November 21, 2005
Duma Gives $17.4M to NGOs
By Francesca Mereu and Oksana Yablokova
The State Duma voted Friday to allocate 500 million rubles ($17.4 million) to promote civil society in Russia and defend the rights of Russians in the Baltic countries.
Critics said the money was likely to go only to groups that support the Kremlin and was another step in the Kremlin's campaign to bring nongovernmental organizations under its wing.
The new funding was seen as a response to a vote in the U.S. Congress earlier this month to allocate $4 million for the development of political parties in Russia.
"We think that we have to finance civil society institutions not only in our country, but also abroad, in the Baltic countries," Duma Deputy Speaker Vyacheslav Volodin of United Russia said Friday, Interfax reported.
"Look, democracy, freedom and human rights are being violated. It is necessary to develop democracy in those countries," Volodin said.
Ironically, the measure comes as deputies prepare to address what they and the Kremlin see as undue foreign influence in Russia's NGO community. The Duma is scheduled to consider a controversial bill on Wednesday that would forbid NGOs from accepting foreign grants for any activities deemed political and effectively prevent international nonprofit organizations from operating in Russia.
The proposed restrictions have caused concern in Russia and abroad. Members of the Public Chamber have asked the Duma to delay taking up the NGO legislation until its consequences can be fully scrutinized, and U.S. President George W. Bush raised the issue in his meeting with President Vladimir Putin on Friday.
The $17.4 million for civil society was contained in a United Russia-sponsored amendment to the 2006 budget, which the Duma passed Friday in the third of four required readings. When passed in the final reading, the budget goes to the Federation Council and then to Putin to be signed into law.
Lev Ponomaryov, head of the For Human Rights group, said the Kremlin would likely use some of the money for projects aimed at improving its image outside Russia.
"In a way, it will be a return to the Soviet Union, with a number of pseudo-human rights groups specializing in criticism of what is going on in other countries in order to distract attention from what is going on inside Russia," Ponomaryov said.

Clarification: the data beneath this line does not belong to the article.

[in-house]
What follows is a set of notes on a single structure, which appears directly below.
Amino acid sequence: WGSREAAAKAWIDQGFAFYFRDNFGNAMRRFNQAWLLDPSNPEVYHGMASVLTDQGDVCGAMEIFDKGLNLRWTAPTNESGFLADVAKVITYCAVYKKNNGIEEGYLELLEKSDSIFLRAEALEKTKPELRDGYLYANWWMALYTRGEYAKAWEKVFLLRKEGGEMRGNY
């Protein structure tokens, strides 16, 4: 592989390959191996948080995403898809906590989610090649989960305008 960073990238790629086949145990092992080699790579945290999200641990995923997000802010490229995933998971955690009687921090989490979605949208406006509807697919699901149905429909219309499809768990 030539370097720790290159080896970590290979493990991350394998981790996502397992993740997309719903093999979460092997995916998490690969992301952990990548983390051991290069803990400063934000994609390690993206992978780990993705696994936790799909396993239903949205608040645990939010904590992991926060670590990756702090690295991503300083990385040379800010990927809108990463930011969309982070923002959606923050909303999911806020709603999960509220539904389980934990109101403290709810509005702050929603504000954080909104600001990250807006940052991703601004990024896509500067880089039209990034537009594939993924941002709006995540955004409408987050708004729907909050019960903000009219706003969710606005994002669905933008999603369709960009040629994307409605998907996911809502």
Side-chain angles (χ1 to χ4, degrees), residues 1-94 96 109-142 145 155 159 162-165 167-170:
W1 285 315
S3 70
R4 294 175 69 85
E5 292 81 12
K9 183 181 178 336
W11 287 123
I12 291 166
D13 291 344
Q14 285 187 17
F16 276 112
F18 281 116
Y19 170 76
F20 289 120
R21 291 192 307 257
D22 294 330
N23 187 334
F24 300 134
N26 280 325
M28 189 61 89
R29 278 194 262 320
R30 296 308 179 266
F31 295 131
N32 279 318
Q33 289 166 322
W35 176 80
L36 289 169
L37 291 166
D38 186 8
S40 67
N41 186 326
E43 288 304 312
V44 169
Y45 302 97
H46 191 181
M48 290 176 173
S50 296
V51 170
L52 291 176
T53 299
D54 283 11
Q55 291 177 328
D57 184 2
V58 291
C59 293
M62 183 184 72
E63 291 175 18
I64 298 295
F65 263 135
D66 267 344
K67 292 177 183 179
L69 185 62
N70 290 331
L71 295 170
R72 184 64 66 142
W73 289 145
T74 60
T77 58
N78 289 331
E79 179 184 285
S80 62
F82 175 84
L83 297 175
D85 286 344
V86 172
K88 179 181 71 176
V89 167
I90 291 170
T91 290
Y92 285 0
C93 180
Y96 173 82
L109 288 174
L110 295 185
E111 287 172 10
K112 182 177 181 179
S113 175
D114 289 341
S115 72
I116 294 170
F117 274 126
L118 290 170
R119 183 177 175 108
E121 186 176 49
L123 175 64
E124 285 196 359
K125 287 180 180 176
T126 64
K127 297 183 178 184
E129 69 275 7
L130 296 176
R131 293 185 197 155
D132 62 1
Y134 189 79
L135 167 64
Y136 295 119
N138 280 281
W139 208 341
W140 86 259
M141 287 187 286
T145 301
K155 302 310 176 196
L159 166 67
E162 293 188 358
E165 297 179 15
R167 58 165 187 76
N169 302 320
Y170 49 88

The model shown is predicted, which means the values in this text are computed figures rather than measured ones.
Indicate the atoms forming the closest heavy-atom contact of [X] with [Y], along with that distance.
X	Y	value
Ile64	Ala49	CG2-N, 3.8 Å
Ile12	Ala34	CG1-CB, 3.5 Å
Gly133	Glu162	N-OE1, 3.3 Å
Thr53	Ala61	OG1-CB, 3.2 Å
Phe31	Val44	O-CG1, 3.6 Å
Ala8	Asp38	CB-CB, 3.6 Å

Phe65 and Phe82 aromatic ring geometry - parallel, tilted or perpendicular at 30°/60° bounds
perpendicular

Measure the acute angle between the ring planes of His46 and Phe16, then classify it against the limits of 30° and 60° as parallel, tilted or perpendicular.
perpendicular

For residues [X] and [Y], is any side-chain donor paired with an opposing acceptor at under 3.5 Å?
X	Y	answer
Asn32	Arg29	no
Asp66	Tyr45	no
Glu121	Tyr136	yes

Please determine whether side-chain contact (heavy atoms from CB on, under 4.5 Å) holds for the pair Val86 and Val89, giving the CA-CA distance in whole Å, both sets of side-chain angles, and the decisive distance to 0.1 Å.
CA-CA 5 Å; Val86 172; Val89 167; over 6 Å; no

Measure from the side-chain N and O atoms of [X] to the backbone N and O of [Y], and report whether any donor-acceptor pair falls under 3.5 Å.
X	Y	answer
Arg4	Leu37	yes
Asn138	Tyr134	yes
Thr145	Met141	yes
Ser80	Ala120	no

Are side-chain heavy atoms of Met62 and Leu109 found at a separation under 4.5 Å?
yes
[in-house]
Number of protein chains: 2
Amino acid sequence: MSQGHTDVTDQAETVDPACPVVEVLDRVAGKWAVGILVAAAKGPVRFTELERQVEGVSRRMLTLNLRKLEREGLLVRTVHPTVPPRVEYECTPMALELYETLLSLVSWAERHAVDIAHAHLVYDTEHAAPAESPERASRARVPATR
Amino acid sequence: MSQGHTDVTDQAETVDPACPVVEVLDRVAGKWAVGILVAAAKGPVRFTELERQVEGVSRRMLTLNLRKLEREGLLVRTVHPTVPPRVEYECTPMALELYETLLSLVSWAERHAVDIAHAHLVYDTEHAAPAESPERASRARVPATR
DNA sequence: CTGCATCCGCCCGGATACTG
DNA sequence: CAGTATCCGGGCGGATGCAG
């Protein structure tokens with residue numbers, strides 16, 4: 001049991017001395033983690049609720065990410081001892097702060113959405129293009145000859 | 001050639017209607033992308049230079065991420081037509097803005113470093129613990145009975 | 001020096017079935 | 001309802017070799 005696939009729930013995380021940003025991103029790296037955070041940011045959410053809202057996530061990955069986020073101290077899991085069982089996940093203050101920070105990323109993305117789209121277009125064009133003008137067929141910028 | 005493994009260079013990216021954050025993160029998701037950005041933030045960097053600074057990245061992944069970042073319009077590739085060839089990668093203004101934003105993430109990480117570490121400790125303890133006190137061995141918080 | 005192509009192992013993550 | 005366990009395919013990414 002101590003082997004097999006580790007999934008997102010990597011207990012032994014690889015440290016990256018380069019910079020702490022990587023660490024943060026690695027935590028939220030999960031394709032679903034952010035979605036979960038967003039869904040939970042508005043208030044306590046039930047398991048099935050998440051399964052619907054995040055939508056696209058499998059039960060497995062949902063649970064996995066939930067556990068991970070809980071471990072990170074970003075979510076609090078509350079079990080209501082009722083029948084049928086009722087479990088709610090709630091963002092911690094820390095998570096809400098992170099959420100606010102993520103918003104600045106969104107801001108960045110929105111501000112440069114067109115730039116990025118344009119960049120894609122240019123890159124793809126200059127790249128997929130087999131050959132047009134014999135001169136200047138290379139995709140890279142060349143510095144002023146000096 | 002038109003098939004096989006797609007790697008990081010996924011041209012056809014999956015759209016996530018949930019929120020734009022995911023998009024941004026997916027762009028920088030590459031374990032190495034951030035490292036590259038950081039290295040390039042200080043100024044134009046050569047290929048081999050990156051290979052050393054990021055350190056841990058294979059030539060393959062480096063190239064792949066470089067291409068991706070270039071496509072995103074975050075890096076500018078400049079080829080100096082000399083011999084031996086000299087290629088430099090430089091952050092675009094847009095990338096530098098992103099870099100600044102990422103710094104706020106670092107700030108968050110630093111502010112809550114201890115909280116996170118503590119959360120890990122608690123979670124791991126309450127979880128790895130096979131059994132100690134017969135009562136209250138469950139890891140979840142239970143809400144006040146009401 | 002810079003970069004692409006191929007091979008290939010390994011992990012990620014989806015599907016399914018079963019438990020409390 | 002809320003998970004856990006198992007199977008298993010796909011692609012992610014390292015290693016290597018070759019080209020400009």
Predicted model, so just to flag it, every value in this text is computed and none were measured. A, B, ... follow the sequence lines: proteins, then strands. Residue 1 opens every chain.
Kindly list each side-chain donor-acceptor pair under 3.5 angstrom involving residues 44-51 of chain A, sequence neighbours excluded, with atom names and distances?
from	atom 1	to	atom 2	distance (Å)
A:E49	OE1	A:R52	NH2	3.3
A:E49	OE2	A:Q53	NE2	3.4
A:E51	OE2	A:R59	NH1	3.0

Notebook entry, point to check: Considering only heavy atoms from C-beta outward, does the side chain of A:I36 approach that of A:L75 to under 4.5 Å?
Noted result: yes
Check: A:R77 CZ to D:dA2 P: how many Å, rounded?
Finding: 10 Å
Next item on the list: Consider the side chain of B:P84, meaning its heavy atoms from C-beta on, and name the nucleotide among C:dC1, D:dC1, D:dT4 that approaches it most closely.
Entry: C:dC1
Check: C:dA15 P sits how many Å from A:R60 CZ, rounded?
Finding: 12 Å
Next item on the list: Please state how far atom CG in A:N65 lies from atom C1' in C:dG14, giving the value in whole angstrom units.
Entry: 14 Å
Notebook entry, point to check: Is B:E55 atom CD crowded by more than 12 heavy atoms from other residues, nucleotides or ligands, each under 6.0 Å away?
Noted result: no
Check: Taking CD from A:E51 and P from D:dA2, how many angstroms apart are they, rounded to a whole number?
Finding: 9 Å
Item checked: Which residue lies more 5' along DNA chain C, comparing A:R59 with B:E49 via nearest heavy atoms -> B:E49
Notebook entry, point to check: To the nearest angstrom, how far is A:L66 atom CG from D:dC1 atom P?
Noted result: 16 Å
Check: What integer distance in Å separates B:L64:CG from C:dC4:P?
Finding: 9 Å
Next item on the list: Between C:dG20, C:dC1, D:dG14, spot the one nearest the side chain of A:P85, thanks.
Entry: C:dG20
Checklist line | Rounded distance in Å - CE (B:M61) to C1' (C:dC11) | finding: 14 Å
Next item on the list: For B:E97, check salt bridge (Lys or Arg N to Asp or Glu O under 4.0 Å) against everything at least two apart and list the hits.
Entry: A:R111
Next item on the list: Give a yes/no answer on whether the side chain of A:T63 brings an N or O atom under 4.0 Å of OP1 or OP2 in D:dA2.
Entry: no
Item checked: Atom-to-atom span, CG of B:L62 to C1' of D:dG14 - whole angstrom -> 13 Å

Vladimir Ryzhkov, an independent Duma deputy, called United Russia's initiative ridiculous.
"Over the past five years, United Russia has been doing everything to strangle democracy in Russia by rubberstamping one anti-democratic bill after another," he said.
"Very likely these funds will go to propagandists close to the Kremlin who will spend them on dubious PR projects, including one in the Baltics," Ryzhkov said.
Modest Kolerov, the head of the presidential administration's Department for Interregional and Cultural Relations with Foreign Countries and the CIS, said Friday that the state financing of Russian nongovernmental organizations was an important step toward developing democracy, since it would allow more organizations to get funding.
"Not every social organization in our country gets proper grants," Kolerov said. "And most grants people get from the West represent politically motivated funding."
His department, created in March to promote Russian language, education and culture abroad, is seen as a Kremlin instrument to spread Russian influence in the former Soviet bloc.
Kolerov said it was extremely important to finance NGOs in the Baltic countries, particularly Latvia, where many Russian speakers are without citizenship.
"Those people have almost no rights. Something should be done," he said.
Deputy Duma Speaker Valentin Kuptsov of the Communist Party said his faction would demand thorough accounting of how the money is spent.
Ponomaryov said he would expect the money to be distributed through the Public Chamber. "In this case the funds would likely end up with those groups that are supportive of the Kremlin's line," he said.
The Public Chamber, a Kremlin creation billed as a bridge between civil society and the state, is being packed mostly with people considered loyal to the Kremlin or celebrities.
Thus it was somewhat unexpected when 21 of its members signed a letter sent to the Duma last week asking for the first reading of the NGO bill to be delayed until the Public Chamber could review it.
The Kremlin-backed bill was put forward by all four factions in the Duma, who said they wanted to push the legislation through by the end of the year. The Public Chamber is expected to begin work early next year.
The bill would require all 450,000 NGOs registered in Russia to reregister and show that they do not use foreign grants to fund political activities.
Ahead of his meeting with Putin in South Korea, Bush came under pressure at home to address the NGO issue.
"The impact of this measure, if it became law, should be obvious: It would roll back pluralism in Russia and curtail contact between our societies," former Housing and Development Secretary Jack Kemp, a Republican, and former Senator John Edwards, a Democrat, in a letter to Bush. The two men are chairing a task force on Russian-U.S. policy for the Council on Foreign Relations.
"It would mark a complete breach of the commitment to strengthen such contact that President Putin made when you and he met in Bratislava," in February.
Kemp and Edwards said the campaign to restrict NGOs "raises an almost unthinkable prospect -- that the president of Russia might serve as chairman of the G8 at the same time that laws come into force in his country to choke off contacts with global society."
Bush raised the issue with Putin, but U.S. National Security Adviser Stephen Hadley declined to elaborate on the discussion.
"It's a confidential discussion between two leaders, and sometimes there are issues which can more productively be discussed outside of public view,'' Hadley said, the Los Angeles Times reported.